Following the chemical weapons attack in Salisbury, United Kingdom, the Department of State, acting under the CBW Act pursuant to authority delegated to the Secretary of State, made a determination on August 6, 2018 that the Government of the Russian Federation had used chemical weapons in violation of international law or had used lethal chemical weapons against its own nationals. Effective as of August 27, 2018, the United States imposed a first round of sanctions against Russia. On November 6, 2018, the Department of State determined that the Government of the Russian Federation had failed to meet the conditions described in the CBW Act to avoid the imposition of a second round of sanctions, including failing to provide reliable assurances that it would not engage in future chemical weapons attacks. On August 2, 2019, the Department of State selected three additional sanctions to impose on Russia pursuant to the CBW Act, specifically, the sanctions related to U.S. bank loans, opposition to multilateral development bank assistance, and further export restrictions administered by the Department of Commerce. [08-03-2019]


675. How is OFAC implementing sanctions related to U.S. bank loans imposed on Russia pursuant to the CBW Act?

 

Pursuant to E.O. of August 1, 2019, 31 C.F.R. § 544.802, and the CBW Act, OFAC issued a Russia-Related Directive under E.O. of August 2, 2019, (the “CBW Act Directive”) , which prohibits U.S. banks from participating in the primary market for non-ruble denominated bonds issued by the Russian sovereign and also prohibits U.S. banks from lending non-ruble denominated funds to the Russian sovereign. These prohibitions do not apply to bonds or loans denominated in rubles. This prohibition only applies to “U.S. banks,” as that term is defined in the CBW Act Directive and consistent with section 4(c) of E.O. of August 1, 2019 and consistent with the definition of U.S. financial institution at 31 C.F.R. § 544.311. The CBW Act Directive includes a definition of the term “Russian sovereign.” The CBW Act Directive is effective as of August 26, 2019. [08-03-2019]


676. What do the CBW Act Directive terms “U.S. bank” and “Russian sovereign” mean?

The CBW Act Directive  defines the term “U.S. banks.” This definition is consistent with section 4(c) of E.O. of August 1, 2019, and with the definition of U.S. financial institution at 31 C.F.R. § 544.311. The CBW Act Directive defines the term “Russian sovereign” as any ministry, agency, or sovereign fund of the Russian Federation, including the Central Bank of Russia, the National Wealth Fund, and the Ministry of Finance of the Russian Federation. This term does not include state-owned enterprises of the Russian Federation. [08-03-2019]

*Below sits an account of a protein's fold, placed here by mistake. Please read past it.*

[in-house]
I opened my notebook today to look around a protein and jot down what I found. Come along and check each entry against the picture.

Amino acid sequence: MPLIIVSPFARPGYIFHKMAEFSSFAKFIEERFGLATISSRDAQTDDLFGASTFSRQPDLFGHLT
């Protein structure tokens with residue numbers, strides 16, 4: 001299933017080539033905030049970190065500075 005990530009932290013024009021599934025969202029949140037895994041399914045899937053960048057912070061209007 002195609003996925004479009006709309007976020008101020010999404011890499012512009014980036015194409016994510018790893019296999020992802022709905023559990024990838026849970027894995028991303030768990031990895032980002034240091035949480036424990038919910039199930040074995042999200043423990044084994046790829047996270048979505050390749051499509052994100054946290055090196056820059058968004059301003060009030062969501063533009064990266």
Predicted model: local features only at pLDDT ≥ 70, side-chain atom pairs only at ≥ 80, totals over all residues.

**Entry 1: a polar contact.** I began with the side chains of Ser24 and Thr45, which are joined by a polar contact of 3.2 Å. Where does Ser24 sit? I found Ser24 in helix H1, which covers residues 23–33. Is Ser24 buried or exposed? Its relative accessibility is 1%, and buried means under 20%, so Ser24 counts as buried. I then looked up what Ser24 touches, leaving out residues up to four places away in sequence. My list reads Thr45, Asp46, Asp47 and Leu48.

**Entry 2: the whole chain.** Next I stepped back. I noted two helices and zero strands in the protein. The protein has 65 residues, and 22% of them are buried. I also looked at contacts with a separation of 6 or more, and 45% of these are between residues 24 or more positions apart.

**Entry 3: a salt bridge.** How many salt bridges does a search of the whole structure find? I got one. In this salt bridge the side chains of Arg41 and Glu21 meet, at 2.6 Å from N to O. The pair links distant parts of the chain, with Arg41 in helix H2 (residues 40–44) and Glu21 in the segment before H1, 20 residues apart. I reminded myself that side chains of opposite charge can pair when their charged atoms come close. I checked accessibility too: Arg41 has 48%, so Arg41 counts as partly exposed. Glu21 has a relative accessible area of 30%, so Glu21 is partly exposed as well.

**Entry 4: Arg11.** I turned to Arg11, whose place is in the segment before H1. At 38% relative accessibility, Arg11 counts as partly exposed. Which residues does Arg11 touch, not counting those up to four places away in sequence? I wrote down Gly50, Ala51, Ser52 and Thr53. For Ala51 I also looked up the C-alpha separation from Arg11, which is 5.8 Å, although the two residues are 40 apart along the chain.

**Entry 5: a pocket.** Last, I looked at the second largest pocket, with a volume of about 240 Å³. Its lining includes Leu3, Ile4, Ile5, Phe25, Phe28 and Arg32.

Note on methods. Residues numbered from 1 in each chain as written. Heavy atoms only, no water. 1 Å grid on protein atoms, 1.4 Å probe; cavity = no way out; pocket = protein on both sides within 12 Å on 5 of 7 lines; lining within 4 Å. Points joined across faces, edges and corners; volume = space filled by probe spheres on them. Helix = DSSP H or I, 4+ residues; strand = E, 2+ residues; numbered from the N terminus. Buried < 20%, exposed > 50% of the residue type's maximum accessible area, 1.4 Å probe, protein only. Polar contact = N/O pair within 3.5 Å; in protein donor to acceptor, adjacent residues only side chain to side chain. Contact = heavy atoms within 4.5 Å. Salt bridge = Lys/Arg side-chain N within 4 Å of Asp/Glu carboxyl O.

677. How does OFAC’s CBW Act Directive impose costs on the Government of the Russian Federation?  

 

The CBW Act Directive imposes long-term costs on Russia for its brazen use of chemical weapons and its failure to meet the conditions described in the CBW Act, including the failure to provide reliable assurances that Russia would not engage in future chemical weapons attacks. The Government of the Russian Federation cannot leverage U.S. banks for future non-ruble denominated sovereign bond offerings or benefit from non-ruble denominated loans provided by U.S. banks. [08-03-2019]


678. Does the CBW Act Directive prohibit participation in the secondary market for Russian sovereign debt?

 

No, the CBW Act Directive does not prohibit U.S. banks from participating in the secondary market for Russian sovereign debt. [08-03-2019]

And Treasury issued a press release:

PRESS RELEASES

Treasury Announces Sanctions under the Chemical and Biological Weapons Control and Warfare Elimination Act 

Washington– The U.S. Department of the Treasury announced today that it is implementing two sanctions on the Russian Federation as part of measures imposed by the U.S. government pursuant to the Chemical and Biological Weapons Control and Warfare Elimination Act of 1991, as amended (“CBW Act”), in response to Russia’s use of the “Novichok” nerve agent in Salisbury, United Kingdom (UK) in March 2018.  This action follows the Department of State’s determination that the Government of the Russian Federation failed to comply with the conditions described in the CBW Act.  Treasury is imposing a prohibition related to certain U.S. bank loans and will oppose multilateral development bank assistance to the Russian Federation.  

To implement the sanction related to U.S. bank loans, Treasury’s Office of Foreign Assets Control (OFAC) is issuing a Russia-related Directive (the “CBW Act Directive”) under the Executive Order (E.O.) of August 1, 2019.  The CBW Act Directive prohibits U.S. banks from participating in the primary market for non-ruble denominated bonds issued by the Russian sovereign and also prohibits U.S. banks from lending non-ruble denominated funds to the Russian sovereign.  The CBW Act Directive will become effective on August 26, 2019, following a Congressional notification period required by the CBW Act.  OFAC is publishing a list of Frequently Asked Questions (FAQs) to provide guidance to the public on the CBW Act Directive. 

Treasury will also ensure that the U.S. Government’s existing policy of opposing multilateral development bank assistance to the Russian Federation remains permanently in place until Russia complies with the requirements of the CBW Act.

Mr. Watchlist notes that nothing in the Executive Order (or the Press Release) notes the enhanced licensing requirements for controlled goods exports to Russia that was mentioned in the State Department press release. Although the licensing changes would be issued by Commerce, not Treasury, I wonder if issuing the Executive Order is a way to bypass the CBW Act’s actual requirements, which require the imposition of 3 of 6 possible sanctions (only 2 of which are mentioned in the Executive Order).

Links:

OFAC Notice

CBW Act Executive Order

Russia-related Directive

New FAQs

Treasury Press Release